synchronization sets and ordering.)

No, I mean Mutex#synchronize and its equivalents in Java and Python.
Proper
synchronization design is a fine art, and highly hardware and OS
dependent.
The simplicity of #synchronize encourages people not to learn it very
deeply. As I said upthread, the thread-support constructs provided by
Ruby,
Python, Java and similar languages seem designed to facilitate the goal
of
making threaded programming easier to do. This is of course a fine goal
in
itself. But using threads to make programs faster and more concurrent is
a
very different goal, one which IMO is NOT well supported by Java or any
of
the agile languages.

>>>Doesn't have one and doesn't need one, as long as threads are green.
But, someday, when ruby has native threads, it will need spin locks.

Fair enough as far as it goes. But green threads mean you can't take
advantage of multiprocessor hardware at all. (Python has the same
shortcoming, but for a different reason.) So as long as we're clear on
Ruby's goals (grace and ease of cross-platform development) and its
non-goals (performance and scalability), you don't need the more
powerful
thread-handling constructs, and for now there's nothing wrong with that.
But
all of this changes when serious multicore hardware like the Cell
processors
become the norm. At that point, we'll all need to get a lot better at
programming multithreaded, multiprocess or event-driven, and our
language
systems will have to evolve accordingly.
481b8eedcc884289756246e12d1869c1?d=identicon&s=25 Francis Cianfrocca (Guest)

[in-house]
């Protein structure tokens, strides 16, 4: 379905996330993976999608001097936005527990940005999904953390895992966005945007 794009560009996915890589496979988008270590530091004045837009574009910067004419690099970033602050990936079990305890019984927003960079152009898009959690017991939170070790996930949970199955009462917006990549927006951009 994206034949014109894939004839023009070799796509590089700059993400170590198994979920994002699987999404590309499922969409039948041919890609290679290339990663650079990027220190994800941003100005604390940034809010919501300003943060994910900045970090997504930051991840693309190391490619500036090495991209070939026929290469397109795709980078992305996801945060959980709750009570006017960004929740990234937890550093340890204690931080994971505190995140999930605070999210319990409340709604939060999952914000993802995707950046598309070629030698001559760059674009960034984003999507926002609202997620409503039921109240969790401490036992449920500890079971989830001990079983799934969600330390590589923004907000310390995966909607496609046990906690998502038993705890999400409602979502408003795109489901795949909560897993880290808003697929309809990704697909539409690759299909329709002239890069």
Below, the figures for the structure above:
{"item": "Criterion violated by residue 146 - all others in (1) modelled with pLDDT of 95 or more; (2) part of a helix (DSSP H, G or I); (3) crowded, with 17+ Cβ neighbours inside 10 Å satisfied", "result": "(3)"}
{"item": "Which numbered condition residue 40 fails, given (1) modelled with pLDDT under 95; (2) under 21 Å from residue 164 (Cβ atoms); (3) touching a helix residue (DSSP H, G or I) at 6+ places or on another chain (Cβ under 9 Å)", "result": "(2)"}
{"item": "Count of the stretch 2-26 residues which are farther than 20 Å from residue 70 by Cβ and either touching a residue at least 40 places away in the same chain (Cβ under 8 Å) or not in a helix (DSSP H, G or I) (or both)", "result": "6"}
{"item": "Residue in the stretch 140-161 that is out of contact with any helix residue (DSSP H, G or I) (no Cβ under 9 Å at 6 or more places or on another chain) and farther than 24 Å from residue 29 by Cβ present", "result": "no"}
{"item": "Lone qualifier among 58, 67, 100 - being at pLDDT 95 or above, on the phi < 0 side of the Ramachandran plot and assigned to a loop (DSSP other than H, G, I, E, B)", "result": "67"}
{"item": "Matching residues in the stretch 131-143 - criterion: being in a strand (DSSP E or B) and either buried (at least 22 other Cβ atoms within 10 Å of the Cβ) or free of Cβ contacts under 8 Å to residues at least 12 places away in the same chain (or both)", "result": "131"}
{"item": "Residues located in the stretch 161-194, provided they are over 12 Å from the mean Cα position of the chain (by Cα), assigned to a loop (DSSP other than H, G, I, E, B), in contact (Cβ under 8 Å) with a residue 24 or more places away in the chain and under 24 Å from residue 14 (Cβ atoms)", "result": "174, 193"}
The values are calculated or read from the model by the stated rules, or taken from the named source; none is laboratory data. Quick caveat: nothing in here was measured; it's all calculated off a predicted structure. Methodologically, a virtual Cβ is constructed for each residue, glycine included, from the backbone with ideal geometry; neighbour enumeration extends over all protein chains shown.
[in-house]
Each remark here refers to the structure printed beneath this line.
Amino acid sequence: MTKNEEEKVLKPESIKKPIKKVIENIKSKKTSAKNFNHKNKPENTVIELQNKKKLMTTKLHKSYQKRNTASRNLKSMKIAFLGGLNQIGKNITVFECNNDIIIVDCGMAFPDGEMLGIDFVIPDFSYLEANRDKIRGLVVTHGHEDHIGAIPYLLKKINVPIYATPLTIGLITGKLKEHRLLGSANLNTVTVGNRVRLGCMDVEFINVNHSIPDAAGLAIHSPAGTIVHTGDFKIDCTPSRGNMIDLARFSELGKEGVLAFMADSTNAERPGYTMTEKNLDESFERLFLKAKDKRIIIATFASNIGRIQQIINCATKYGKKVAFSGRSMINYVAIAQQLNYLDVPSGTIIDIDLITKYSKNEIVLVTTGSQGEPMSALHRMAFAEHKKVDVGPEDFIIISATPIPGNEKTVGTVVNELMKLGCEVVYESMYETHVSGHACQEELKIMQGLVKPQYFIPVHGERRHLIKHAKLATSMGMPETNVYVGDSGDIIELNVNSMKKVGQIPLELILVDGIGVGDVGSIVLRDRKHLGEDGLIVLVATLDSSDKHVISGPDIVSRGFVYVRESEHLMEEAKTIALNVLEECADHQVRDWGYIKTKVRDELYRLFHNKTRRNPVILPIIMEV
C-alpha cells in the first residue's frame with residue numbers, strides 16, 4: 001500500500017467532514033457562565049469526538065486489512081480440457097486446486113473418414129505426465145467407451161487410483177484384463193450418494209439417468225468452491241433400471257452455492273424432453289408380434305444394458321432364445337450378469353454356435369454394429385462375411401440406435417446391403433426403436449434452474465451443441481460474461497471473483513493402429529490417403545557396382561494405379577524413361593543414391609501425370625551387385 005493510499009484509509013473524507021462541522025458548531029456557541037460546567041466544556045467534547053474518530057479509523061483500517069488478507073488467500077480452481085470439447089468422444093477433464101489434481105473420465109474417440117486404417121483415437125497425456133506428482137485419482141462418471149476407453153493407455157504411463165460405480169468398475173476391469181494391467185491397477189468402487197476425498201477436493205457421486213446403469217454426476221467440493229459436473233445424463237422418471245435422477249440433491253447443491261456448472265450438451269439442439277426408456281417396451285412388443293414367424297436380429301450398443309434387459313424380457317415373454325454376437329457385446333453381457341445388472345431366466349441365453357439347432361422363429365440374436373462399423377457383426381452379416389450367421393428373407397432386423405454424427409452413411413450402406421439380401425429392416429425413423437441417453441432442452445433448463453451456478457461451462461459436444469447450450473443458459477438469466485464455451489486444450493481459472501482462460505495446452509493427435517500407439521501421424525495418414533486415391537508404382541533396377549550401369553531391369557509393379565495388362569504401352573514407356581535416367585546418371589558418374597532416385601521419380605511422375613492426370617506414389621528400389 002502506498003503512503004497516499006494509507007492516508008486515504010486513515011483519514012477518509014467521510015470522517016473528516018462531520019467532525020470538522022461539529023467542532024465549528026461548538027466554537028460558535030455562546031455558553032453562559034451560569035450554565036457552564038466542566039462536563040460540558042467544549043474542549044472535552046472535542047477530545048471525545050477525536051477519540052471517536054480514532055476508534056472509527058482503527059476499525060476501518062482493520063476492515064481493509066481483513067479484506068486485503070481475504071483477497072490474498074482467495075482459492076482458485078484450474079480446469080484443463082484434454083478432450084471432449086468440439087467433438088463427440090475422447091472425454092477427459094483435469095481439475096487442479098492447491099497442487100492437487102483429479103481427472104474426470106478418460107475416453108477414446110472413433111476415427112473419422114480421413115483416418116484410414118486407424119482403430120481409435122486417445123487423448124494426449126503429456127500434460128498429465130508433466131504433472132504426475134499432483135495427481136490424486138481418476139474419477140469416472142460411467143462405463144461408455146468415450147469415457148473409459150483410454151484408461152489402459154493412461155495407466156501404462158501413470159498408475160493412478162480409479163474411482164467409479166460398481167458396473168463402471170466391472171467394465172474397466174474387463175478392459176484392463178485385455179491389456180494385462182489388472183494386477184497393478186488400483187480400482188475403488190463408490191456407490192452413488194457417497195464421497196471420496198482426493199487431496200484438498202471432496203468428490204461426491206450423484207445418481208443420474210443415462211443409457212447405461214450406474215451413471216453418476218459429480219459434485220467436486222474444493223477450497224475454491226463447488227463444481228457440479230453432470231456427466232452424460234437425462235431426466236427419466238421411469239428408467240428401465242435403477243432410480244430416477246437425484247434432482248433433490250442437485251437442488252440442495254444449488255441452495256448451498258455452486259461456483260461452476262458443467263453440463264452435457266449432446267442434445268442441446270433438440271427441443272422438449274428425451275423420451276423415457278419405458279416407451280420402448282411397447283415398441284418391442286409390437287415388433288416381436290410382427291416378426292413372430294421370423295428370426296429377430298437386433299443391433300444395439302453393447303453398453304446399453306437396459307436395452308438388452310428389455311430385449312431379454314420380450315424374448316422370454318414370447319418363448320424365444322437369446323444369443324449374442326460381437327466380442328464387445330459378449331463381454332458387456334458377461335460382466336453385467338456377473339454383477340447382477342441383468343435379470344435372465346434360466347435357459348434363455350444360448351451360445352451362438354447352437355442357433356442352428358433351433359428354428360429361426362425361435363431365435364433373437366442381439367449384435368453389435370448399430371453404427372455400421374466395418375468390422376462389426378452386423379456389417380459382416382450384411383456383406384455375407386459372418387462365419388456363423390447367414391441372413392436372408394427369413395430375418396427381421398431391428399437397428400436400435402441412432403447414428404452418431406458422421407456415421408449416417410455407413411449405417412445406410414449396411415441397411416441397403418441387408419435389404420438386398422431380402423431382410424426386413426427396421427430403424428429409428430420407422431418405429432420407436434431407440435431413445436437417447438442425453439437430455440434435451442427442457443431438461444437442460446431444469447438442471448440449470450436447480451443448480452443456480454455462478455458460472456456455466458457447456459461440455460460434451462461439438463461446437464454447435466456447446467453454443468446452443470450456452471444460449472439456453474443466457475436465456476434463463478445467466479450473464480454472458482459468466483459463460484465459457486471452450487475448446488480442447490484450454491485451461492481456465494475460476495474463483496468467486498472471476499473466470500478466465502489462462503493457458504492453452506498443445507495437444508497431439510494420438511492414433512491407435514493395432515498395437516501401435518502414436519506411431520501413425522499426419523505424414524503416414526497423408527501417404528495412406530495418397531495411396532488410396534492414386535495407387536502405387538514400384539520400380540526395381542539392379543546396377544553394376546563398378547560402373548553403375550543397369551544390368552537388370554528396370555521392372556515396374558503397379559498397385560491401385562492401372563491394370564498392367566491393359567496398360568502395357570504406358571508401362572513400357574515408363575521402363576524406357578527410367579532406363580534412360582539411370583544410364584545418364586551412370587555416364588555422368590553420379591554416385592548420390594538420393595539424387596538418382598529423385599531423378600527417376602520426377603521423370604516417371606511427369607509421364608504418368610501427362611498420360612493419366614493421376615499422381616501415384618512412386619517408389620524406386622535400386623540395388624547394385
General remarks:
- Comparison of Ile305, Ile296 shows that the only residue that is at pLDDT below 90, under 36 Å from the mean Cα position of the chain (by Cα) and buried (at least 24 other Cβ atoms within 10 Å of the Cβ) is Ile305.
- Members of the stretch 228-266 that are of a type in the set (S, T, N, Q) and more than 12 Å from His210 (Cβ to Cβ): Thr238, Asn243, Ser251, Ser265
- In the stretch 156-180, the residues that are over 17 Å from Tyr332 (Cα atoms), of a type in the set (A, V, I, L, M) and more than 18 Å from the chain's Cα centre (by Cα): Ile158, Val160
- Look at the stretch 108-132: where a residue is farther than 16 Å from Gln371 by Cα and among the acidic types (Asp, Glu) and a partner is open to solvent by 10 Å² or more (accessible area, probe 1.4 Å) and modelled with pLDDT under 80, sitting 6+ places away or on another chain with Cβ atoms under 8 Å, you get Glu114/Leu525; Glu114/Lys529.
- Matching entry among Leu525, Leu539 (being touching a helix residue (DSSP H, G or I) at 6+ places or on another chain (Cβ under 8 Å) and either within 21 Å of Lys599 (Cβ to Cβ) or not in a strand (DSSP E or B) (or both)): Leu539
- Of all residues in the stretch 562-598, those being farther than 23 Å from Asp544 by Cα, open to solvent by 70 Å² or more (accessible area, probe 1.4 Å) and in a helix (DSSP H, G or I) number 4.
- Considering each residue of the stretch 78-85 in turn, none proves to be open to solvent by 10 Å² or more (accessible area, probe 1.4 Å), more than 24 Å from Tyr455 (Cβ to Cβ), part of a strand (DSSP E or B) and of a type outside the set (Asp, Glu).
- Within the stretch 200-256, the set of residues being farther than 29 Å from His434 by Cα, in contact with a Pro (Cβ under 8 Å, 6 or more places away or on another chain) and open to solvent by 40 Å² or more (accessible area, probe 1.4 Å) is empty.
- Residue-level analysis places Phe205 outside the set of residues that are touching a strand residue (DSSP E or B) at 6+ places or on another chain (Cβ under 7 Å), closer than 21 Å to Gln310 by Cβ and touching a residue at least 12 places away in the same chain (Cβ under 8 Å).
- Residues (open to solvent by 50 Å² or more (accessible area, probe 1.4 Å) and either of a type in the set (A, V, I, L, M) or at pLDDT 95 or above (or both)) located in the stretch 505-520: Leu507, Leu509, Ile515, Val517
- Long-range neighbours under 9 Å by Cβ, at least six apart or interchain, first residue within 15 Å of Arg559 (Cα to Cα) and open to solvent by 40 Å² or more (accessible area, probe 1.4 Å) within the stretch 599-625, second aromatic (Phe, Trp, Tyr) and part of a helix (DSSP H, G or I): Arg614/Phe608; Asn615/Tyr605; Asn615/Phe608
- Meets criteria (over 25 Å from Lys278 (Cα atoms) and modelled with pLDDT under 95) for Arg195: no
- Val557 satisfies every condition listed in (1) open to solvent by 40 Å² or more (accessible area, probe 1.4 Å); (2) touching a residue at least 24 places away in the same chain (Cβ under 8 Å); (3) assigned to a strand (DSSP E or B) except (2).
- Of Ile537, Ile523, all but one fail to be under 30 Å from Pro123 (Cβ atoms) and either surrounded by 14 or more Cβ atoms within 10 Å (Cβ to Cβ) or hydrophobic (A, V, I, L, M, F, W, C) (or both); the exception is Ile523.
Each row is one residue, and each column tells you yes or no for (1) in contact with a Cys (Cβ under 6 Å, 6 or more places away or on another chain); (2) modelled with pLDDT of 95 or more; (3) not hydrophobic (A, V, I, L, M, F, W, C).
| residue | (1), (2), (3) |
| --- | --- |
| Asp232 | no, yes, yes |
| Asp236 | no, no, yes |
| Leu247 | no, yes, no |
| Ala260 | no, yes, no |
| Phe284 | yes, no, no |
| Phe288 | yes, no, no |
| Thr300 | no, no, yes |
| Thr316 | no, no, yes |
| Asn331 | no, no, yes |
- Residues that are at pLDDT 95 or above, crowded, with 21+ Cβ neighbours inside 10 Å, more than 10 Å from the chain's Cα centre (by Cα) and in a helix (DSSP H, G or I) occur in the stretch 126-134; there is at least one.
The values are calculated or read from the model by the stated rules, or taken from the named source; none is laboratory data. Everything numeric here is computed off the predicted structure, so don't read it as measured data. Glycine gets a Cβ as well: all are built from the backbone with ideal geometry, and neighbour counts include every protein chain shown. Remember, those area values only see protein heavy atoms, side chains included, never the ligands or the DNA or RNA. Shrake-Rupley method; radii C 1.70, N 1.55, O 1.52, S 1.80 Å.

on 2006-05-27 21:13
(Received via mailing list)
You're making a very interesting point, one I've made many times: you're
saying to write cooperative multiprocess rather than multithreaded
programs.
If you take aggregate costs into account (including time-to-market and
lifecycle maintenance and support), this approach can be far better than
multithreaded because it's so much more robust and easier to do. Whether
it's as fast, however, is a highly hardware and OS-dependent question.
If
you can specify multiprocessor or multicore hardware, multiprocess
software
design has a clear edge, IMO. And in a few years nearly all processors
for
general computation will be multicore.

(This is a side point (and as we know, the side points always generate
the
hottest flames), but I happen to disagree with your choice of DRb. Not
because of the communications model, but because distributed objects are
fundamentally problematic. I'd encourage you to look at multiprocess
event-driven systems. Watch for the upcoming pure-Ruby version of the
eventmachine library on Rubyforge- it will have built-in constructs to
explicitly support multiprocess event-driven programming.)
D3944ff4e8bc05067a615579b6ef599b?d=identicon&s=25 Phil Tomson (Guest)
on 2006-05-27 22:23
(Received via mailing list)
On 5/27/06, Francis Cianfrocca <garbagecat10@gmail.com> wrote:
> hardware. The most interesting one (to me at least) is the Cell, which
> Python is IMO quite a bit more sophisticated than Ruby in handling threads.
Is this because Python uses native threads?

> I don't rate Perl or PHP as serious contenders for thread-hot development
> for several reasons. (Besides, they often run inside of Apache processes,